What Are You Staring at?: Small Voices For a New Generation

Hello everyone,

A lot of people talk about the technological advances being made in an effort to help people live more independently as a productive citizens of the USA. Some simply view these advances as just another useful tool helping them to get through another difficult day with a disability; whereas, others view this technology as in “opening to a whole new world”. Either way, people view technology, I think we are missing out on a fundamental truth.

What is that truth?

Change begins from within..

To put it more simply, change begins with me. Or anyone that is, wanting to make a difference in this world. I may have written about this topic once or twice before, but I think it’s worthwhile mentioning again. (Note: Although from now on, I think I am going to start using the labels to make sure I don’t end up repeating myself over and over again! LOL..) Anyway, this point was reiterated to me again through a unique Nick News Special called What Are You Staring at? The show featured a panel of outspoken people (both young and old) living with the a variety of disabilities. In this 30 minute panel discussion, the group attempts to answer some difficult questions. Some of the questions centered around the age-old dilemma To Help or not to Help: when does the line stop? as well as when exactly is the appropriate time for questions. The panel is also joined by well-known disability advocates John Hockenberry and Christopher Reeve (1952-2004). Although this program is over five years ago, I think there are many important lessons that still can be heard through the voices of these wise young children.

In order to save time, I will attempt to consolidate the most poignant answers to all these issues. The first being, is it appropriate to stare at someone because they are different.
The obvious answer is no. But here’s why.. Christopher Reeve put it best when he said, ” No matter what kind of condition you’re in, we’re all part of a big family and we only become strangers when we look away.” He continues, “There is no reason for us to be strangers.”

The debate over whether to help someone with a disability has also brought controversy. In my case, I can often understand why. Usually disabled people want to have the opportunity to try to accomplish things on their own before finally asking for help. However, it is not impolite to ask if they need your assistance in any way. Danielle who has CP and is also blind explains, “if I am struggling and if the door is really heavy, mainly out of common courtesy, most people open the door.”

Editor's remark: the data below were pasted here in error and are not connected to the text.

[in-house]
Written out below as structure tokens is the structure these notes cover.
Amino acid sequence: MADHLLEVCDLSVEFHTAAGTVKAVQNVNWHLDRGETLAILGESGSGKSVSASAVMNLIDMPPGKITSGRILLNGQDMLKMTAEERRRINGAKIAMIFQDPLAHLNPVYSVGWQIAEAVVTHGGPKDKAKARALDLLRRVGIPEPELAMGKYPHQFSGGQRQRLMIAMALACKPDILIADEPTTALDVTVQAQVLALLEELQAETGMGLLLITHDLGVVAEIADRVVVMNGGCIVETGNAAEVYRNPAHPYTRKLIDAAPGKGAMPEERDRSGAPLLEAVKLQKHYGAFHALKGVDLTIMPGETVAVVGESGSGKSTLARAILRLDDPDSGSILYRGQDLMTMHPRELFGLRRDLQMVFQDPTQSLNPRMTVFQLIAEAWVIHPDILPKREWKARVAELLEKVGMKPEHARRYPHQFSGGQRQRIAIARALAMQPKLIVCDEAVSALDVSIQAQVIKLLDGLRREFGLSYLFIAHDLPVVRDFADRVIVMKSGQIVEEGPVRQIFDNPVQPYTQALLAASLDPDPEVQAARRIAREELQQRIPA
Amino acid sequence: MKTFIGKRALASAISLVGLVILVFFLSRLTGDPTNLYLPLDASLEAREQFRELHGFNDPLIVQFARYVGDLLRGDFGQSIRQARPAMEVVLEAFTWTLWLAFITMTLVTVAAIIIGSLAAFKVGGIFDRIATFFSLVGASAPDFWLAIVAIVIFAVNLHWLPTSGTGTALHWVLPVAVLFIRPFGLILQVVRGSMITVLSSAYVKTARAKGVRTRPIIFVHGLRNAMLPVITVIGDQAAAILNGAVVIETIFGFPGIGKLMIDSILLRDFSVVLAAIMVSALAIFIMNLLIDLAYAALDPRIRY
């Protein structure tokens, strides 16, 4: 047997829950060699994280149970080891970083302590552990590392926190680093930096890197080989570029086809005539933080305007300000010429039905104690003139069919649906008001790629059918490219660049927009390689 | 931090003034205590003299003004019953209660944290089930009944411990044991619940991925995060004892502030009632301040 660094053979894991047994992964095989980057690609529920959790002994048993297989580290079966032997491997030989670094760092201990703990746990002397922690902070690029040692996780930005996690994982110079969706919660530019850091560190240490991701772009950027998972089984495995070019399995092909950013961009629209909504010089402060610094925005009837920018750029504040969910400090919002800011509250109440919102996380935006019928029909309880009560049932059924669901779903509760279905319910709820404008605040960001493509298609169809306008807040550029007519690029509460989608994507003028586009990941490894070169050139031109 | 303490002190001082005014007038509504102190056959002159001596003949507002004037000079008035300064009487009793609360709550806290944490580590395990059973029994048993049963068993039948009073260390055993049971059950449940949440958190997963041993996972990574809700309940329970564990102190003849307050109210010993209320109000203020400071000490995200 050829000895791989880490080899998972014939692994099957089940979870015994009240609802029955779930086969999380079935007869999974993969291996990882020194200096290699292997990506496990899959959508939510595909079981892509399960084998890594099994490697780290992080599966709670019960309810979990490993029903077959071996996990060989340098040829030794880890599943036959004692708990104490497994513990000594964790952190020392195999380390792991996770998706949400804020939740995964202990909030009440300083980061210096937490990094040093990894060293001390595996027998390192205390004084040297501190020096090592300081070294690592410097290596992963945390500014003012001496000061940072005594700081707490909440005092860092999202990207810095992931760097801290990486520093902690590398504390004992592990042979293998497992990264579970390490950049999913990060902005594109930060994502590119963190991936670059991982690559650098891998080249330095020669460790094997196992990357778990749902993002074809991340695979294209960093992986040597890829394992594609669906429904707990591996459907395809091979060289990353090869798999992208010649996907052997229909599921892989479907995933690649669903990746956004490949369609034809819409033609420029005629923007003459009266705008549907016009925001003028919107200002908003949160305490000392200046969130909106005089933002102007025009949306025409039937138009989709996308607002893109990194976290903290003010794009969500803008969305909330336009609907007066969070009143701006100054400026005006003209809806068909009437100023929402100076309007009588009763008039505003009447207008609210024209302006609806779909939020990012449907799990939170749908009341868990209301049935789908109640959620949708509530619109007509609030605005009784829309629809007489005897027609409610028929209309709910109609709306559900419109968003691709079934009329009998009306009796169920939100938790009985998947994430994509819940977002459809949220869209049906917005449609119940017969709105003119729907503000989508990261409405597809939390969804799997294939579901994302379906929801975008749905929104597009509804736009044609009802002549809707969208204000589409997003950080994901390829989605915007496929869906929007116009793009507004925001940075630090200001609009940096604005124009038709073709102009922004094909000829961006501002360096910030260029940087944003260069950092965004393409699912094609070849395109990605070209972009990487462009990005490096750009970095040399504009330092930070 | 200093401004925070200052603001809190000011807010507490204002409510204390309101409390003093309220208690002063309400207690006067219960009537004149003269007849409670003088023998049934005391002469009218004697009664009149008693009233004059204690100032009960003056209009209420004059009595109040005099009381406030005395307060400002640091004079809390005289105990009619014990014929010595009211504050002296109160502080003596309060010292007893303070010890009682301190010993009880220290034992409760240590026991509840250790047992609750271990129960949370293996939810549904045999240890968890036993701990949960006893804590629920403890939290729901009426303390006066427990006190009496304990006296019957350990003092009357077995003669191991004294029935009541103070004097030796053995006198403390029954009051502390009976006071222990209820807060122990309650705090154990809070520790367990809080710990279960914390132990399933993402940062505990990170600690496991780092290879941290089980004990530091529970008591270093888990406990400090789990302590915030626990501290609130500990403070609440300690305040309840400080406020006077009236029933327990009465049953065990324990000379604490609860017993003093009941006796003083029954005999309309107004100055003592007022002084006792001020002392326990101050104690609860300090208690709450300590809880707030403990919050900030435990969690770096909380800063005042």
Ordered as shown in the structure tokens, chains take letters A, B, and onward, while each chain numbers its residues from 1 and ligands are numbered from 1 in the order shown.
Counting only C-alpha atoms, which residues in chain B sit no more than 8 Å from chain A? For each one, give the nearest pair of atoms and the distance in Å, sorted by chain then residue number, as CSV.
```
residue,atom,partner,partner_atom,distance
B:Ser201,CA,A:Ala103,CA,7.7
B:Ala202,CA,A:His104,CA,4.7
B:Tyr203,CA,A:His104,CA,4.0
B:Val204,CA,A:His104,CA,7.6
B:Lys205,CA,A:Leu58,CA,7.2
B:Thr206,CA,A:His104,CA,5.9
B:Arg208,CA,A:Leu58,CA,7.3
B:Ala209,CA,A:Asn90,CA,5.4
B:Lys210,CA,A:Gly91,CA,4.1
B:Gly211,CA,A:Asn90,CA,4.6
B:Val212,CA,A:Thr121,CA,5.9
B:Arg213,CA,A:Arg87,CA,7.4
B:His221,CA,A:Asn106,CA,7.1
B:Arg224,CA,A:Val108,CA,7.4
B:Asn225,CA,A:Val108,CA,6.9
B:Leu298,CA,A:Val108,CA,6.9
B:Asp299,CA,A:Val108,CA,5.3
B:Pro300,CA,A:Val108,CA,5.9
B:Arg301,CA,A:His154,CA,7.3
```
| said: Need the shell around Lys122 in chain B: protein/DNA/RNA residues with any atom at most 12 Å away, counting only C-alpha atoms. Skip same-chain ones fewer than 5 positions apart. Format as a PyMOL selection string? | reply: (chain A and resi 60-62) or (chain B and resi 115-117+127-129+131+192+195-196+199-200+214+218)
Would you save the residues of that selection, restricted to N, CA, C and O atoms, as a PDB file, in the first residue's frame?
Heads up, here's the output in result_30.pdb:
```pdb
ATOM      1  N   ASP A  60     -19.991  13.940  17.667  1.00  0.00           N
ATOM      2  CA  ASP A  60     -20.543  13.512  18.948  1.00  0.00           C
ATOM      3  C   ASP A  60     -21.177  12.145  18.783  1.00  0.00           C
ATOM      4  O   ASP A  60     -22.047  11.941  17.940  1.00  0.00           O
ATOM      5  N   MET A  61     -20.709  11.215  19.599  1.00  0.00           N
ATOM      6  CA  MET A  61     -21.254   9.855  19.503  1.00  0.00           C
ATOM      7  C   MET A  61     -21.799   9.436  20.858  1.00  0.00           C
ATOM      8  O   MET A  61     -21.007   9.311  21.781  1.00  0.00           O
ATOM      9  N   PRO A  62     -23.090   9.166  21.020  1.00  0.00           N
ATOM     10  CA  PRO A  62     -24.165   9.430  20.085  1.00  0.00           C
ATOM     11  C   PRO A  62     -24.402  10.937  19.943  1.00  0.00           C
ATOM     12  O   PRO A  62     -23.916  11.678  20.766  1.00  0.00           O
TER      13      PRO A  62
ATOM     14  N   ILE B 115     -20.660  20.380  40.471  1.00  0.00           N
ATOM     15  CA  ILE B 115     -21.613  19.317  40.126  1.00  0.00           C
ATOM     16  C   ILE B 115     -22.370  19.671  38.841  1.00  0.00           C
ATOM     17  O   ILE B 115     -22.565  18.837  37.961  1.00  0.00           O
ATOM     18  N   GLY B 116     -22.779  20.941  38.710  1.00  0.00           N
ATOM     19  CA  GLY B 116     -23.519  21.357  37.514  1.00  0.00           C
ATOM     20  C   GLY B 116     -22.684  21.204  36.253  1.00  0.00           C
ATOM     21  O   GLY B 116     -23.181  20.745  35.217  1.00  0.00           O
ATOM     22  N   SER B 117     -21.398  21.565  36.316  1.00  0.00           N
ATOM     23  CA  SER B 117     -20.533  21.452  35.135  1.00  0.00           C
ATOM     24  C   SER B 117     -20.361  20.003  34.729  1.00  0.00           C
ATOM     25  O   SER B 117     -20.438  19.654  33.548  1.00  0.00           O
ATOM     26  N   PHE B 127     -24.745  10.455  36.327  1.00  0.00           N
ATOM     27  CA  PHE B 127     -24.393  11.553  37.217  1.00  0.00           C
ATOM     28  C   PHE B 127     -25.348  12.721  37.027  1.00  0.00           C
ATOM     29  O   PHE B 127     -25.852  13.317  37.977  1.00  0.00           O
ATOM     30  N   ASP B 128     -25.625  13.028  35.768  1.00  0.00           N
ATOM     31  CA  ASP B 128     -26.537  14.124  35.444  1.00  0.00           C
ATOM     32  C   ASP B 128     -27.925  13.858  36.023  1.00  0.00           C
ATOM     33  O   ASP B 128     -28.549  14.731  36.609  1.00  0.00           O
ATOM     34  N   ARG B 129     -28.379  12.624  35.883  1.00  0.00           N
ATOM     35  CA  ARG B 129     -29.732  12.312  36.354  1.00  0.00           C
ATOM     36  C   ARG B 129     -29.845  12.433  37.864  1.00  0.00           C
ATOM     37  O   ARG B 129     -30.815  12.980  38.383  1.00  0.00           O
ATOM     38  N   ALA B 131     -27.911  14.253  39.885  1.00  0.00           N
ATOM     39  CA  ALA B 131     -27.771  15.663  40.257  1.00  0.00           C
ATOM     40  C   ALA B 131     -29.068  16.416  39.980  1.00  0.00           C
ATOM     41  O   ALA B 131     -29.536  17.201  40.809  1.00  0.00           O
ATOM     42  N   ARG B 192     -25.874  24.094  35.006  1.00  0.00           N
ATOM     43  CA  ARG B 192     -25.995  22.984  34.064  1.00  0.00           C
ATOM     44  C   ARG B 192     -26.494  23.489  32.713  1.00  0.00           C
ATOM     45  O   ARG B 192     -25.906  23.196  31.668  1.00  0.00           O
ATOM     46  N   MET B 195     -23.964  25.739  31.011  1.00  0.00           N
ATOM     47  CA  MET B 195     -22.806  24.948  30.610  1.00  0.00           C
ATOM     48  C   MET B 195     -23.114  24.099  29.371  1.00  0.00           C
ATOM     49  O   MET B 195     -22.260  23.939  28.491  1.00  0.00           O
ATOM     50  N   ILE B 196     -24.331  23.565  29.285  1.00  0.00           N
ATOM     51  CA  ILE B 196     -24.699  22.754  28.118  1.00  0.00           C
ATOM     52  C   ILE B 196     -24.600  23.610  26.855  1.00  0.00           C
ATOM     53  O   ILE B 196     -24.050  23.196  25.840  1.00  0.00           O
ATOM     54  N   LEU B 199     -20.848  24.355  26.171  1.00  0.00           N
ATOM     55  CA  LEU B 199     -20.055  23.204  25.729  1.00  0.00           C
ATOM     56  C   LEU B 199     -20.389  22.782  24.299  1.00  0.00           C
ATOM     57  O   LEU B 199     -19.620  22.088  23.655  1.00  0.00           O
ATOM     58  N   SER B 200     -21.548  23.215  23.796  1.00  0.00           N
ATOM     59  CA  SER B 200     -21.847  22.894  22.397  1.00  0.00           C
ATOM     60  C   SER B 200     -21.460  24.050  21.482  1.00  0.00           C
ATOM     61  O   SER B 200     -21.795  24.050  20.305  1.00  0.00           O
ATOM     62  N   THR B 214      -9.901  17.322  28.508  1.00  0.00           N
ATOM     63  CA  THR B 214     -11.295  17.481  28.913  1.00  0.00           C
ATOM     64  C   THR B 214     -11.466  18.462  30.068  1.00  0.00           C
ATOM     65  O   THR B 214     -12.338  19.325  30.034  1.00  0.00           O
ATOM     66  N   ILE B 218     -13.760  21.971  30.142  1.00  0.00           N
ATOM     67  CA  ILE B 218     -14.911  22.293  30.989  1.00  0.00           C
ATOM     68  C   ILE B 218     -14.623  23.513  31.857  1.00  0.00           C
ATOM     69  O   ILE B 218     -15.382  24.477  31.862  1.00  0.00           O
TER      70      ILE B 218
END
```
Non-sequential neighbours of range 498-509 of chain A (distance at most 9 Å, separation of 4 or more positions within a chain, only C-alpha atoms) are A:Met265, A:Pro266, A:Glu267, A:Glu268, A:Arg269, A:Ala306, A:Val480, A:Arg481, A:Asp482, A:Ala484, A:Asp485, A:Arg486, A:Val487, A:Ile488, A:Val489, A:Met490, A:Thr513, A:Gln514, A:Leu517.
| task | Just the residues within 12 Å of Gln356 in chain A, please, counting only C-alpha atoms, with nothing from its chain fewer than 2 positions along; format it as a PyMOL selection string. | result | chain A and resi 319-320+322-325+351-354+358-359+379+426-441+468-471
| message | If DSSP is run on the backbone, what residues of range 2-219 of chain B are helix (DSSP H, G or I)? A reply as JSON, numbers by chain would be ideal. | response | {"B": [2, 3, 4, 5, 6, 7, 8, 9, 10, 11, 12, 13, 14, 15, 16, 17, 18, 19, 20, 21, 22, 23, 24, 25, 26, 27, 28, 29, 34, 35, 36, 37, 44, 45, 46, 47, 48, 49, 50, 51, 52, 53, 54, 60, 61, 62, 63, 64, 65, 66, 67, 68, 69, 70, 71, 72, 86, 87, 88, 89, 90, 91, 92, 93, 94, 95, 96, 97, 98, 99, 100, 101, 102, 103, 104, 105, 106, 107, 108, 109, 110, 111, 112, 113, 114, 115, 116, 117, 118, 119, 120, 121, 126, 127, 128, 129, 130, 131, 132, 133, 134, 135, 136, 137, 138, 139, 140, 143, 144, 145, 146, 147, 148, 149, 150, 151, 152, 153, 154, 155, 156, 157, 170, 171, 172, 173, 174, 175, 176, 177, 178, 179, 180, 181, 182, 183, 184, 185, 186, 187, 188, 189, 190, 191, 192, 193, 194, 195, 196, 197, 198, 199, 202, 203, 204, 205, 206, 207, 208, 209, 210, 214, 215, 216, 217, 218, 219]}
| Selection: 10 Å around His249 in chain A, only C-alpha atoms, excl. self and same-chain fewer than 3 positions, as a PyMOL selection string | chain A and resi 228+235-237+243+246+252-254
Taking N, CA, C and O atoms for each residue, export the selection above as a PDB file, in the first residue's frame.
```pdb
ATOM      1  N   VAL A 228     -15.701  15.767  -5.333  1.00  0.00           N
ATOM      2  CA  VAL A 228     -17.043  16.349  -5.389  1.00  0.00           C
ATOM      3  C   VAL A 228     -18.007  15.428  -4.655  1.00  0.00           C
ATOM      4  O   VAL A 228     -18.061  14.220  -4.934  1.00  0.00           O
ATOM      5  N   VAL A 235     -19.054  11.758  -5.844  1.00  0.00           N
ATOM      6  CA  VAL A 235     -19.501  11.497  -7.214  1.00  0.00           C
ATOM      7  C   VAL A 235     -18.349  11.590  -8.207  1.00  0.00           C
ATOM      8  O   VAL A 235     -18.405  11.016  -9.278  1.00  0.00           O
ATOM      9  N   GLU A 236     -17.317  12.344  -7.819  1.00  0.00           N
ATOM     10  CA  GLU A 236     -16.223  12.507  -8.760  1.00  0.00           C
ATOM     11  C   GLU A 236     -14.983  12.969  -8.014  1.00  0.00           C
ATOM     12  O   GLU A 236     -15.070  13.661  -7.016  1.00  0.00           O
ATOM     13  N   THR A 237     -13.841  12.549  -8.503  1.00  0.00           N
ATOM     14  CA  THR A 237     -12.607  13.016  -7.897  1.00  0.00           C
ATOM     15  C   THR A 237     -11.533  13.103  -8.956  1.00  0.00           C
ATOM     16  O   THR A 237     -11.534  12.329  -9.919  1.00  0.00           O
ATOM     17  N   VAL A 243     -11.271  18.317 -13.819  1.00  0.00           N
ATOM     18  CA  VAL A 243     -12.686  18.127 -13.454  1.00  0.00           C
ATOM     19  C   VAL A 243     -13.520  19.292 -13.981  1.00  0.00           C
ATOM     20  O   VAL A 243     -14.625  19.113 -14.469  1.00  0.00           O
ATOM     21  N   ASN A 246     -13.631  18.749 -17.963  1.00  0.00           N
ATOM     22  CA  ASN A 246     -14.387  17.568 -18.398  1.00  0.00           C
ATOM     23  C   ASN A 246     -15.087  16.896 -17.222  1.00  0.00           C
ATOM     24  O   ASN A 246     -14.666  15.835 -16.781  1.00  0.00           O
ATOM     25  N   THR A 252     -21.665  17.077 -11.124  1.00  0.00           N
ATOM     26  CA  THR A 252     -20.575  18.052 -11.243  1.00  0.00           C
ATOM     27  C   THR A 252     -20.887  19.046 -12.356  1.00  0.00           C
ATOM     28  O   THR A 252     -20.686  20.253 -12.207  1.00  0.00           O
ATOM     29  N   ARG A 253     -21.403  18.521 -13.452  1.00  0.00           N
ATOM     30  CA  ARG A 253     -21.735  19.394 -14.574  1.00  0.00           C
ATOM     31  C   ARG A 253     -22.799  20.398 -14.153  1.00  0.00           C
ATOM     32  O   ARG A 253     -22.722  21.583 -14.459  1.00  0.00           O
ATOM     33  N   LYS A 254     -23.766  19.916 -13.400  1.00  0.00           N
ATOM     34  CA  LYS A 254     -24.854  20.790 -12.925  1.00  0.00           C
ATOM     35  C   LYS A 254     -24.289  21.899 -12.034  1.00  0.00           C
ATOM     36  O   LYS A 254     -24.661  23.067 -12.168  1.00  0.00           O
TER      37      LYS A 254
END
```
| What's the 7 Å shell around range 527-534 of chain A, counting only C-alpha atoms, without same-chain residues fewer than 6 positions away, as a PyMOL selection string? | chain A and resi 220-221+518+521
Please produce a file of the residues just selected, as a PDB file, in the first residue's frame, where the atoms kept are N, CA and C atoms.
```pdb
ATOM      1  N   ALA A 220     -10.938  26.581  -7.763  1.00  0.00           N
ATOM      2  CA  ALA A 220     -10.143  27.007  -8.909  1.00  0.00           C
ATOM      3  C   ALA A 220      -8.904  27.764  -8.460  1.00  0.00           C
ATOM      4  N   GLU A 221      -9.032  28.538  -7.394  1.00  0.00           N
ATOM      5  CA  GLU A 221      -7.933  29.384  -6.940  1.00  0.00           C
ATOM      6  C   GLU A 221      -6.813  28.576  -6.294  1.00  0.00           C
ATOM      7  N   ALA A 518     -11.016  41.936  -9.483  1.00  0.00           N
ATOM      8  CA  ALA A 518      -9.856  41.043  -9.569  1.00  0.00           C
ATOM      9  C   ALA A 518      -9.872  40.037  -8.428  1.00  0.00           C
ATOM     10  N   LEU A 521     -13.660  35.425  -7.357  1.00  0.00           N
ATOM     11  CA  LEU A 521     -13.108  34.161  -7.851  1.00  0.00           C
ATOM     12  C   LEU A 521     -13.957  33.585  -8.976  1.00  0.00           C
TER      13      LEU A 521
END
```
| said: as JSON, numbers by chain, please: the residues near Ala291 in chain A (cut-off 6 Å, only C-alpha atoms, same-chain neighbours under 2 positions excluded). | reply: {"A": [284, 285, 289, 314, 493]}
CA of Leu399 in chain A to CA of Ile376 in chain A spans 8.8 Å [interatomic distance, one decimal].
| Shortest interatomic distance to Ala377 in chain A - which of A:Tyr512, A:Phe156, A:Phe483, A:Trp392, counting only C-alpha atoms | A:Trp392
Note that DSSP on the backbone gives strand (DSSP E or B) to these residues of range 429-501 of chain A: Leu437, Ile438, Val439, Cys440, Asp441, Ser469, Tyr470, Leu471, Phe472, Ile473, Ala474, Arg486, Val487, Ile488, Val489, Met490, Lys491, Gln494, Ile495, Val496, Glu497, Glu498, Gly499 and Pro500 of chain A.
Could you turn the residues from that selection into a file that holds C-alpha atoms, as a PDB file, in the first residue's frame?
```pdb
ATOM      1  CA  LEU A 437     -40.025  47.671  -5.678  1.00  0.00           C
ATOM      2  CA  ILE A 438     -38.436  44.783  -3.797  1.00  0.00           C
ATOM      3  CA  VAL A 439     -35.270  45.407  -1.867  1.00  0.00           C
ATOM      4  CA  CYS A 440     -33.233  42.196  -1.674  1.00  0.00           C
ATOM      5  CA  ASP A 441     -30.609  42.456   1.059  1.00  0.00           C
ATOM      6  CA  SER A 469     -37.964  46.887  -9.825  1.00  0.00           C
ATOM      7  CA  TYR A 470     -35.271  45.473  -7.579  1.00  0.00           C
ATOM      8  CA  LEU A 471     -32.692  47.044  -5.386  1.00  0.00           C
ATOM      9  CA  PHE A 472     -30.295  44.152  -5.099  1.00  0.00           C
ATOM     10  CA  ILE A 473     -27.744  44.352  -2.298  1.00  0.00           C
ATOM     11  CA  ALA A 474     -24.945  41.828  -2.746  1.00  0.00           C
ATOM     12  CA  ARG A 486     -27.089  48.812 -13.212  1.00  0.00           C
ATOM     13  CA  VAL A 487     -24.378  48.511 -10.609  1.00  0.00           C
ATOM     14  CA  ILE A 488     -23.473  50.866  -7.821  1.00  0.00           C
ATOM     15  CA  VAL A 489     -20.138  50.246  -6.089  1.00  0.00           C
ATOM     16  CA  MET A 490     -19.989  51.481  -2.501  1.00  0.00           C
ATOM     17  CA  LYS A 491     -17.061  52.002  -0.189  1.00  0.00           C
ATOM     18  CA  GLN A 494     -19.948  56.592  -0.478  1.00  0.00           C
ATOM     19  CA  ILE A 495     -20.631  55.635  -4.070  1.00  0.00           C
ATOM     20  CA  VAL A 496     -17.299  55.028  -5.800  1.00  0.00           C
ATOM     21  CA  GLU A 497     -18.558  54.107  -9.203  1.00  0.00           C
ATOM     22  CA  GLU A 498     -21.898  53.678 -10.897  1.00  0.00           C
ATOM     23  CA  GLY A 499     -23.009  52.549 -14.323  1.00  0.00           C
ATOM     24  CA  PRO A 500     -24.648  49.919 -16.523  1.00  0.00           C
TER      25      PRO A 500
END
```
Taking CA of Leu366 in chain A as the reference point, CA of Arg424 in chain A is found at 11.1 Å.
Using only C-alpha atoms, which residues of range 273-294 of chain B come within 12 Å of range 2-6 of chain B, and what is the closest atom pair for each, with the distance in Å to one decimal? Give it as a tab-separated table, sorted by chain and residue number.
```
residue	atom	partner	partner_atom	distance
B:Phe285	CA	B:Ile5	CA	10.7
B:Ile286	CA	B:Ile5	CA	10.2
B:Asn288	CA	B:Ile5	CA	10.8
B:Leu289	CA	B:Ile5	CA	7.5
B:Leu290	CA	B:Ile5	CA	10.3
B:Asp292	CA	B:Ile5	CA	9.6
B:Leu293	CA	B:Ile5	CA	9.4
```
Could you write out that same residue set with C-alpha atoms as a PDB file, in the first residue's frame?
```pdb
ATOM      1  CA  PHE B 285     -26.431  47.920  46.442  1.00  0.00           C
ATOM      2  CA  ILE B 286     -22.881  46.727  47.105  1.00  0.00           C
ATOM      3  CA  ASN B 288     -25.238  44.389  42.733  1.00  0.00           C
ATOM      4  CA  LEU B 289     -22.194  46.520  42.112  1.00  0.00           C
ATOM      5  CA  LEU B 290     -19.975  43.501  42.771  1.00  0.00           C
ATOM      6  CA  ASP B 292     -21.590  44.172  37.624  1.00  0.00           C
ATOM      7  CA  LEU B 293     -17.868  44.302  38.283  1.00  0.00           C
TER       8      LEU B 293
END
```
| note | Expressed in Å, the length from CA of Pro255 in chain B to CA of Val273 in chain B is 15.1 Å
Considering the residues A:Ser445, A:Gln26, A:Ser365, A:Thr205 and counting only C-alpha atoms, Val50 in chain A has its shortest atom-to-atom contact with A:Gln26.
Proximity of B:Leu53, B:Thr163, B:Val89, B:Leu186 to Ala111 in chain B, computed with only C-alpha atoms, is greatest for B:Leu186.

Why is the response so little?

Hockenberry says it is most often fear that holds people back. He says people are often afraid they will be judged by their offer to help “as if if they say or do the wrong thing, I’m going to whip some 911 and get the disability police to come.” He goes on to explain that a person’s experiences and personality should be the first thing that people see when looking at someone with a disability.

Christopher Reeve adds that people should not shy away from possible awkward experiences just because someone is disabled. Take for example the simple act of shaking hands. “I’m not offended by that at all because it’s just a habit that they want to greet me. Anything that comes from a legitimate motivation to make contact is great,” Reeve said.

Where does this fear come from? It can come from a variety of sources.. Sometimes even family members. “I think a lot of the time, parents, adults don’t know, so they keep their children from learning.. because they don’t know and they ‘re scared,” said Danielle

To ask is always a better thing to do.

Let’s take a look back at the history of disabled people as well as efforts to ensure the rights of the disabled, shall we?

Originally, the disabled population was considered second rate in the United States. In fact, before 1975, there were no laws protecting the rights and freedoms of the disabled. The truth is, ensuring our rights is still sometimes difficult. In 1975, Congress passed the individuals with Disabilities Act. This law guarantees that all children, no matter what their physical or mental limitations have access to a free and public education. This includes any special equipment needed to encourage the learning process. But what about when you become an adult and start looking for a job? This is where the American With Disabilities come into play. This law ensures that people with disabilities have the same rights as someone else. Building accessibility is just one of the major issues discussed in this law.

In general, the theme of the show was patience and persistence during any difficult time. Here are just some of my favorite quotes from some wise youngsters.

Daneille: “We can do anything that anyone else can do. We just do it differently.”

Jon: “What I’ve got is what I’ve got and I think it’s much more interesting for me to make the most out of what I have been to think about something that may be possible sometime in the far future.”

Danielle: “You look at what you can do. You don’t dwell on what you can’t do.”

Christopher Reeve: “Whatever happens, you gotta press forward and not just say oh well this is the end. It’s never the end, you’ve gotta move forward,”

I think it is about time as the host said, to focus more on what we can do and what we can’t.

Citation for TV Program: “What Are You Staring at? , Nickelodeon channel 59 Detroit, at 6 a.m. , September 26, 2007. (Original air date: September 6, 2001)

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